Opposition to the government views Cristina Kirchner as the next Hugo Chavez, and Argentina as on the road to becoming Venezuela or Cuba in terms of travel restrictions, initially democratically elected leaders that entrench themselves, bury opposition and rule from a hospital bed with an iron fist, and a generally garbage can-esque economy. Oh and they see the masses that vote for these leaders as genuine enemies to achieving true economic and social progress.
Heavy, right? Said the white girl from the suburbs. I know.
Now – if the government were lifting millions out of poverty, bolstering education, and creating a sustainable country to lead South America into the future, then isn’t that worth fewer Miami trips and imported tweezers? Potentially, but let’s delve into a little bit of Latin American “keeping up with the Joneses” and see how Argentina stacks up to its neighbors in terms of poverty reduction and income distribution.
Let’s start with the Gini coefficient, which is a measure of income distribution, or how much richer are the rich than the poor. A Gini value of 0 is perfect equality, whereas 1 is complete inequality where all the wealth is in the hands of one.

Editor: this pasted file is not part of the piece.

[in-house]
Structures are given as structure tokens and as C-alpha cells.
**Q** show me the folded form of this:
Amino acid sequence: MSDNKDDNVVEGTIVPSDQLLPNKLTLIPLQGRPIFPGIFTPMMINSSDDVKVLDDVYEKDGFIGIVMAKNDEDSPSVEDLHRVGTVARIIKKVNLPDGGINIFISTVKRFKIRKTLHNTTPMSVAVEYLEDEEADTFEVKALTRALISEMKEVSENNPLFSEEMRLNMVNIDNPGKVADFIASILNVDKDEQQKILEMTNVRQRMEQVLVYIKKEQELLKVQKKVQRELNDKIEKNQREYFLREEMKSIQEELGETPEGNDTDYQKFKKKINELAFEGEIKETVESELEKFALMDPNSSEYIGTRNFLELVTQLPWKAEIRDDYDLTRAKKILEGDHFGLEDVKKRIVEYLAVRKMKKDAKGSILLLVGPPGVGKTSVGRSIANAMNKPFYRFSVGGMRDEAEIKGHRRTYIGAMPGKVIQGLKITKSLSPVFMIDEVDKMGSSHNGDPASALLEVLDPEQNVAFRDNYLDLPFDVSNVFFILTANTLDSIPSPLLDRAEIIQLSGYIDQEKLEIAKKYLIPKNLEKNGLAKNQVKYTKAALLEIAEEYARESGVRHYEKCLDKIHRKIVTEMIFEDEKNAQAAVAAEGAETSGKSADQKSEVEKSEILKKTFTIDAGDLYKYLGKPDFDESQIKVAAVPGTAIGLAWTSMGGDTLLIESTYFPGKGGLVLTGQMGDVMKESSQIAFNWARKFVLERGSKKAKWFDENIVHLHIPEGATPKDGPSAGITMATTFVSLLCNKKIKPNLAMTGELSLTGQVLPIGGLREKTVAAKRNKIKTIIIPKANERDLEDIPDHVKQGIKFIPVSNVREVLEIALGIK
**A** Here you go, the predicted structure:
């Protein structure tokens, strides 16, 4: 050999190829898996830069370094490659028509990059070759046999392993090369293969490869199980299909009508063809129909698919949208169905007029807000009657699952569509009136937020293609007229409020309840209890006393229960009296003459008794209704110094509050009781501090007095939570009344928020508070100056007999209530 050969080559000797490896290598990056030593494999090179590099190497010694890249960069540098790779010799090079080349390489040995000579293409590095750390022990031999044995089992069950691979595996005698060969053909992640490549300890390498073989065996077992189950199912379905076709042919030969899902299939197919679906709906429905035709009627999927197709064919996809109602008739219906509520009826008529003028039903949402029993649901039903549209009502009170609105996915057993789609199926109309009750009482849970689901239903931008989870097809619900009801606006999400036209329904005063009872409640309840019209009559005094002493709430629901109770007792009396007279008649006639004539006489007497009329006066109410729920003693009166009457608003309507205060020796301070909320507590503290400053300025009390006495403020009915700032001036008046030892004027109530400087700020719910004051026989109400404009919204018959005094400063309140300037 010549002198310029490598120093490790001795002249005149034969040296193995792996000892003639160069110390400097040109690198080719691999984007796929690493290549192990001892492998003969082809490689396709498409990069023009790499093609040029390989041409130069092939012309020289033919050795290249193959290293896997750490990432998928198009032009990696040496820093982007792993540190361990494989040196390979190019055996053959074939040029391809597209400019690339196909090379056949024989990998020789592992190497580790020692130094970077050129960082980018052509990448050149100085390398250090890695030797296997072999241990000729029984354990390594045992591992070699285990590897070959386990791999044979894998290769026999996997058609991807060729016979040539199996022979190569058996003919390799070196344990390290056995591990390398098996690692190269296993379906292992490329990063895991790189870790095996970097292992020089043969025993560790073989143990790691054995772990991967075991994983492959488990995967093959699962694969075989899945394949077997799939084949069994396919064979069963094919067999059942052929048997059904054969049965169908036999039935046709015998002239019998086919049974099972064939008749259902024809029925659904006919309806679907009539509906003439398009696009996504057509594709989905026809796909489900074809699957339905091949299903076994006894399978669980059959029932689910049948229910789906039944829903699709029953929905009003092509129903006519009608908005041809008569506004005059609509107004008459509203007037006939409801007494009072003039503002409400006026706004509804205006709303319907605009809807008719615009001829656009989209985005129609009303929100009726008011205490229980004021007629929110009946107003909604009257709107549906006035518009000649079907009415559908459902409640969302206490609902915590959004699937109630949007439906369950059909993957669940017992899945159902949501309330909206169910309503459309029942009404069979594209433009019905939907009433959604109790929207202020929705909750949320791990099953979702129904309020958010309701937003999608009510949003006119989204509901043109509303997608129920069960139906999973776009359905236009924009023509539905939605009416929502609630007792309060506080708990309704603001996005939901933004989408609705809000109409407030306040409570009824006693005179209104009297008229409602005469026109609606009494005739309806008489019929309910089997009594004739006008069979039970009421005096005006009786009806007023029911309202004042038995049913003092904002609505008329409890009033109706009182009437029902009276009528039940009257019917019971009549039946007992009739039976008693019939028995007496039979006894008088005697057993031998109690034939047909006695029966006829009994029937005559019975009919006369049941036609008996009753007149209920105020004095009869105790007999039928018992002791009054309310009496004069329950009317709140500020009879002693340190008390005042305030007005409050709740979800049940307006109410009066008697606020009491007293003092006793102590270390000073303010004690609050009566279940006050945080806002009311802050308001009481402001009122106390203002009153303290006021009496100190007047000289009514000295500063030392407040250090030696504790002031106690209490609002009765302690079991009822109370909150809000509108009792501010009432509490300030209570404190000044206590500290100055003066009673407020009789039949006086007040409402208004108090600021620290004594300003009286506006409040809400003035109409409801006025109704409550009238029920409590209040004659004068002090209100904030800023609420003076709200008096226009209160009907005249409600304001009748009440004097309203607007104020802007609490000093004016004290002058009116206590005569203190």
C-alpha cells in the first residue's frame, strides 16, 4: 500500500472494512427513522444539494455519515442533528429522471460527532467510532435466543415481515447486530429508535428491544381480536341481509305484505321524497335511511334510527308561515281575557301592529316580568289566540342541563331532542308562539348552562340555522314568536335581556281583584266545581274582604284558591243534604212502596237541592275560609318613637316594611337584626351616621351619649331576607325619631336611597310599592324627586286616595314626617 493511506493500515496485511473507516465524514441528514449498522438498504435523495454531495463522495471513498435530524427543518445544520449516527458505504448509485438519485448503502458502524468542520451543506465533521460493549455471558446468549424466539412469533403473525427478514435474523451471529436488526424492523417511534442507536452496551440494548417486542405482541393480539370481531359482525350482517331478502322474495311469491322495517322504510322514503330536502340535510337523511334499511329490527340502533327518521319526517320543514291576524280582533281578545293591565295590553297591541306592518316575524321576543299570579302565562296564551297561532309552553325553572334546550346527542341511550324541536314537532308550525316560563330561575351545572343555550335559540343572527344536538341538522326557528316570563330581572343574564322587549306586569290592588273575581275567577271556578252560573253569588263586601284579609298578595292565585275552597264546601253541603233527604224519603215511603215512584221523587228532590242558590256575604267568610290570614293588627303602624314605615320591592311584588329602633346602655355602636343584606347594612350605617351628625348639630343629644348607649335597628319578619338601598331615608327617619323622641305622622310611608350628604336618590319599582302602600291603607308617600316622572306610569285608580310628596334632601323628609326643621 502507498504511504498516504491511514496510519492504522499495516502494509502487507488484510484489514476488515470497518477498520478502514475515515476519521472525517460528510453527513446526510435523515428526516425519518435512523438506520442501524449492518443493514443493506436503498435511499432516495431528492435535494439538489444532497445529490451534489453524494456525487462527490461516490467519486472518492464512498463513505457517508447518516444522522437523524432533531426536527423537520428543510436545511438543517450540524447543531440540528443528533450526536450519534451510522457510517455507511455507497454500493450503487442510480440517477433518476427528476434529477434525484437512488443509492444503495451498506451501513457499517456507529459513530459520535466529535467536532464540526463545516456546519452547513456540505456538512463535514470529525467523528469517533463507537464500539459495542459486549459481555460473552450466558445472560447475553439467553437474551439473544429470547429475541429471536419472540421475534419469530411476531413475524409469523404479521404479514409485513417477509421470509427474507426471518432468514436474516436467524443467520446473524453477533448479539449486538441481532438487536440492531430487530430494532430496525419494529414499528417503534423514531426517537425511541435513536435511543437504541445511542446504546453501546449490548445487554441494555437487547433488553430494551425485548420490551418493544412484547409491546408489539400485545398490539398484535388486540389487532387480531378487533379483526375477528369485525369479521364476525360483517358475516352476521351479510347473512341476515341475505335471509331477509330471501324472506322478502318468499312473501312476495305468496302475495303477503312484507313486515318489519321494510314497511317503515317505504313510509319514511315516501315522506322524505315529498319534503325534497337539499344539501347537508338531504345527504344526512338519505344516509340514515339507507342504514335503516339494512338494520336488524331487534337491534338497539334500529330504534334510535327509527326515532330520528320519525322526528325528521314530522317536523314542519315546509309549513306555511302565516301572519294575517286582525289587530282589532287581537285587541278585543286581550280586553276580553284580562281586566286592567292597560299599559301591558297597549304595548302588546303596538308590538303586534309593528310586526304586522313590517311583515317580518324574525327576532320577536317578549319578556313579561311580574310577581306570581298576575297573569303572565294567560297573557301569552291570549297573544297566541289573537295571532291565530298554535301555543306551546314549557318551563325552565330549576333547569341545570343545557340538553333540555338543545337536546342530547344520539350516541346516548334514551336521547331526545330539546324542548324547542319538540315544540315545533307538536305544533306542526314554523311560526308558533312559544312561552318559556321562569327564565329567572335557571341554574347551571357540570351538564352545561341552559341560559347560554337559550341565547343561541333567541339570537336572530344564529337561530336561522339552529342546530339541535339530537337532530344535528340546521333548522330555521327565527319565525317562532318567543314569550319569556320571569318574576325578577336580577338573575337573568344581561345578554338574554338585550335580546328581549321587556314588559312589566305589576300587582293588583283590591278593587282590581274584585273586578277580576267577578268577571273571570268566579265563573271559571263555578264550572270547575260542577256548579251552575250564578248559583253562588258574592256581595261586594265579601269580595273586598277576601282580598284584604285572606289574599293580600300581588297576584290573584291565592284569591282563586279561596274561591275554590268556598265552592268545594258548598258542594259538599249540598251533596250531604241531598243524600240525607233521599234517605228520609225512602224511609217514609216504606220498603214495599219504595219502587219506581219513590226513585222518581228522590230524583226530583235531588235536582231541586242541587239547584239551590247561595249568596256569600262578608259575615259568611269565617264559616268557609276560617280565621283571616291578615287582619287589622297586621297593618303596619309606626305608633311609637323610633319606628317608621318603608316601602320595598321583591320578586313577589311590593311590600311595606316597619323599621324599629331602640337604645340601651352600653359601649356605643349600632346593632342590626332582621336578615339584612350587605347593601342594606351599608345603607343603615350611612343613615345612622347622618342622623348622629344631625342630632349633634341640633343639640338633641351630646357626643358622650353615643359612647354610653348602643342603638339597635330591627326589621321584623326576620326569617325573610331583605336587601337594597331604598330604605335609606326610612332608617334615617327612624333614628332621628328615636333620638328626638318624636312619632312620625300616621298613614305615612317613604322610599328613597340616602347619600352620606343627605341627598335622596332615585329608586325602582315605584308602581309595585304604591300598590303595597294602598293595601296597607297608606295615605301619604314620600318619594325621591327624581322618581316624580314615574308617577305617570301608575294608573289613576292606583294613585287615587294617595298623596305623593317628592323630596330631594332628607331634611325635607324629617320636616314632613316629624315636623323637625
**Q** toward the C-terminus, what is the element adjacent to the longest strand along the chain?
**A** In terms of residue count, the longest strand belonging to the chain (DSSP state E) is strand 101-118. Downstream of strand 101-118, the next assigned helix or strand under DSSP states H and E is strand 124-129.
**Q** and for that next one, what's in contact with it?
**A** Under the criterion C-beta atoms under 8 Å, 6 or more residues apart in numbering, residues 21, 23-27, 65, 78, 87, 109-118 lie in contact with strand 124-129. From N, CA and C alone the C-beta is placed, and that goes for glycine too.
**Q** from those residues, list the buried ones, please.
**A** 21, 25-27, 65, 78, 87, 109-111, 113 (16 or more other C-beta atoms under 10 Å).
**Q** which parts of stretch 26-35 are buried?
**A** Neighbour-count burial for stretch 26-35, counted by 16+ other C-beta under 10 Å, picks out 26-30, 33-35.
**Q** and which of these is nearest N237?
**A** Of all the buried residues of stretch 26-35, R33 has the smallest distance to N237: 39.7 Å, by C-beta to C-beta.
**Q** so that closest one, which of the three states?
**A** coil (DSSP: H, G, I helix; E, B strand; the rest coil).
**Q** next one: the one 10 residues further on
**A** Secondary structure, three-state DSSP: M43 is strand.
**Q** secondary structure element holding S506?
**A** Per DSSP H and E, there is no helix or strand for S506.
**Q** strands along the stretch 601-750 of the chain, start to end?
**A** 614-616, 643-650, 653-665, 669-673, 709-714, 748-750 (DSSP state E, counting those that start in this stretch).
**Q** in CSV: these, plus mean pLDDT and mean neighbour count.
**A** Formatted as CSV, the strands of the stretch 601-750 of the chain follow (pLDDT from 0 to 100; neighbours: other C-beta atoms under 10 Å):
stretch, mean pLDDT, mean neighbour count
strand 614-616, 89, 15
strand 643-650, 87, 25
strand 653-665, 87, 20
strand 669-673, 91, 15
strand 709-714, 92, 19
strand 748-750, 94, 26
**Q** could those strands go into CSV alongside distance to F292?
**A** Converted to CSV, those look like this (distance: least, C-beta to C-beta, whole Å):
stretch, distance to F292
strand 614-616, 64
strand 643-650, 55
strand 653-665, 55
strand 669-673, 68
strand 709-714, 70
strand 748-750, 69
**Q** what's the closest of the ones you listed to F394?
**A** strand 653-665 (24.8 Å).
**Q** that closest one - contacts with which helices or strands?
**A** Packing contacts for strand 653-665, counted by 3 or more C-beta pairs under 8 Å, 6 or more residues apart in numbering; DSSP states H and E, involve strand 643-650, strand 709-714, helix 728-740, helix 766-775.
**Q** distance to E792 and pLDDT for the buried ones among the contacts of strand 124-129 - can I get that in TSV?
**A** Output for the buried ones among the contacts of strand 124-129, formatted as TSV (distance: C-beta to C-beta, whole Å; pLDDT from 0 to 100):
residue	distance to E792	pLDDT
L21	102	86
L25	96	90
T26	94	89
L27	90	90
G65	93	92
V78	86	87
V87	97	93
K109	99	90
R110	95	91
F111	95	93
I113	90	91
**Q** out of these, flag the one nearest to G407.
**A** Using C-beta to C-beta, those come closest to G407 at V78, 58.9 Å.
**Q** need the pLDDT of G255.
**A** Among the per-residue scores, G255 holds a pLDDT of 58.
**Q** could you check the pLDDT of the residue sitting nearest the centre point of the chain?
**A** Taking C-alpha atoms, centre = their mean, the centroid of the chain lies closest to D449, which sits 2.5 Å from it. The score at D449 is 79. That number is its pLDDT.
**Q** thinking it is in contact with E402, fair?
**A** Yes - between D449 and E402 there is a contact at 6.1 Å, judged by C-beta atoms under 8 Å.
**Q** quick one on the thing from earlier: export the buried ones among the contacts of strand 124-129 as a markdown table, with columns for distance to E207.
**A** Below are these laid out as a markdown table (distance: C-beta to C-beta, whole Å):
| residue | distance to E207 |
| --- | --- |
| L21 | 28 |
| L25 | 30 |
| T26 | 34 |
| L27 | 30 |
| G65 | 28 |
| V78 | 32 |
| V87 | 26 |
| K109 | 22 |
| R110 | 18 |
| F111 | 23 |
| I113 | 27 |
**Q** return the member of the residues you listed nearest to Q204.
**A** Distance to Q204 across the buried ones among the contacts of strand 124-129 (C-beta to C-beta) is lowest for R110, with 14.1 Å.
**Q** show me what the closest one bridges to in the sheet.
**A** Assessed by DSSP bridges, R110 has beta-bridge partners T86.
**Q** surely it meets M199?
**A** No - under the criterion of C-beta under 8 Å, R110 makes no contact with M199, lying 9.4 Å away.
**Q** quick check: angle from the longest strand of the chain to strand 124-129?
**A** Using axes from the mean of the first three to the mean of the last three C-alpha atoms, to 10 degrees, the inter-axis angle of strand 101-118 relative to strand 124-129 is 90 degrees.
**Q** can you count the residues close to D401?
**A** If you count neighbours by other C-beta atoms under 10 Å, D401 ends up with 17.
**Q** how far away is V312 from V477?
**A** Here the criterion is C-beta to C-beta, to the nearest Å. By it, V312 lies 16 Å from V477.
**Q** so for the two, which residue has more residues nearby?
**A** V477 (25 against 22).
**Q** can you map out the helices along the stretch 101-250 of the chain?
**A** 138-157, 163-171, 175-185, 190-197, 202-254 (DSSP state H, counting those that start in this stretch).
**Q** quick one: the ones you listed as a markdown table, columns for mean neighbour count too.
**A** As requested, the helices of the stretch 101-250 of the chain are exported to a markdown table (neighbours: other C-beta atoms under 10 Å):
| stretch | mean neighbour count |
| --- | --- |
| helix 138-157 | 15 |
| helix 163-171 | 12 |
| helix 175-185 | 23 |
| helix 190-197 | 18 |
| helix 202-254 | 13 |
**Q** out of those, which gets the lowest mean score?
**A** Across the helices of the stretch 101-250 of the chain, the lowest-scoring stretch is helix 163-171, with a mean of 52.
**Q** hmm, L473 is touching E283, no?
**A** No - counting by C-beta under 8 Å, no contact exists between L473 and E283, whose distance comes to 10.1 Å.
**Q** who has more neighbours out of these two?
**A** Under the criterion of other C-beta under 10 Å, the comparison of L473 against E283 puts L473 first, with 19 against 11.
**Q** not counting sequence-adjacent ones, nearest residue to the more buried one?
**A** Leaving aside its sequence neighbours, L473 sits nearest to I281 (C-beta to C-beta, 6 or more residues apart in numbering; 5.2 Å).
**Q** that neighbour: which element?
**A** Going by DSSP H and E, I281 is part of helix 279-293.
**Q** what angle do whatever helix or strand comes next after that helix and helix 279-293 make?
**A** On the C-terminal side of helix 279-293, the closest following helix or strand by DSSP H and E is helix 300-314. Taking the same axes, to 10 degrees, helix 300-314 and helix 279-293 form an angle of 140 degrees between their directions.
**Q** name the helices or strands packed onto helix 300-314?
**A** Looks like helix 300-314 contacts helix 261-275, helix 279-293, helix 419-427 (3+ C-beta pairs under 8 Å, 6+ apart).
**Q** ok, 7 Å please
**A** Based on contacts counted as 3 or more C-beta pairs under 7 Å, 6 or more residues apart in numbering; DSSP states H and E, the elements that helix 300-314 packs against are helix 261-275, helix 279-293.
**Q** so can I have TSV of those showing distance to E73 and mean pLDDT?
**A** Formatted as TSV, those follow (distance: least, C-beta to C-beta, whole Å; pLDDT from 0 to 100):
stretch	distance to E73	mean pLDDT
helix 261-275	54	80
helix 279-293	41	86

On this count, Argentina has more equal income distribution than its neighbors; however, check out the rate of change of the lines. Argentina’s income distribution is improving at almost an identical pace to Uruguay’s, Peru’s, Brazil’s, and Columbia’s – countries that are not defaulting on debt, restricting travel, or experiencing 25% inflation per year. So while Argentina does have more fair income distribution, the past seven years’ policies have not done anything to set it apart from the crowd.
What about growth? If you take a gander at the chart below you will notice two things: Firstly, Argentina’s growth looks quite a bit like its neighbors, except it’s a bit higher. Secondly, you’ll see that the Venezuela comparison might not be so off the mark. Following the recovery from 2008’s fun-filled global crisis, the rest of Latin America save Venezuela has posted slowing or steady growth rates because that’s what the world is doing.
Argentina is essentially burning out by manipulating the economy to grow too fast at the expense of stability and sustainability under the pretense of championing the interests of the poor.
And why is this working? Perspective matters, public opinion is easy to manipulate, and the opposition does not make it hard.
I have been told many times by Argentines that they are not Latinos, they are European. Now maybe there’s an import ban on globes that nobody has told me about, but that’s a ridiculous statement. Another fun one is that it is not unheard of to refer to people of native descent as “negros” or “negros de mierda,” translated loosely as “shitty black people.” I am then told that it’s ok because terms like that do not mean the same thing and are not offensive here as they are in the States.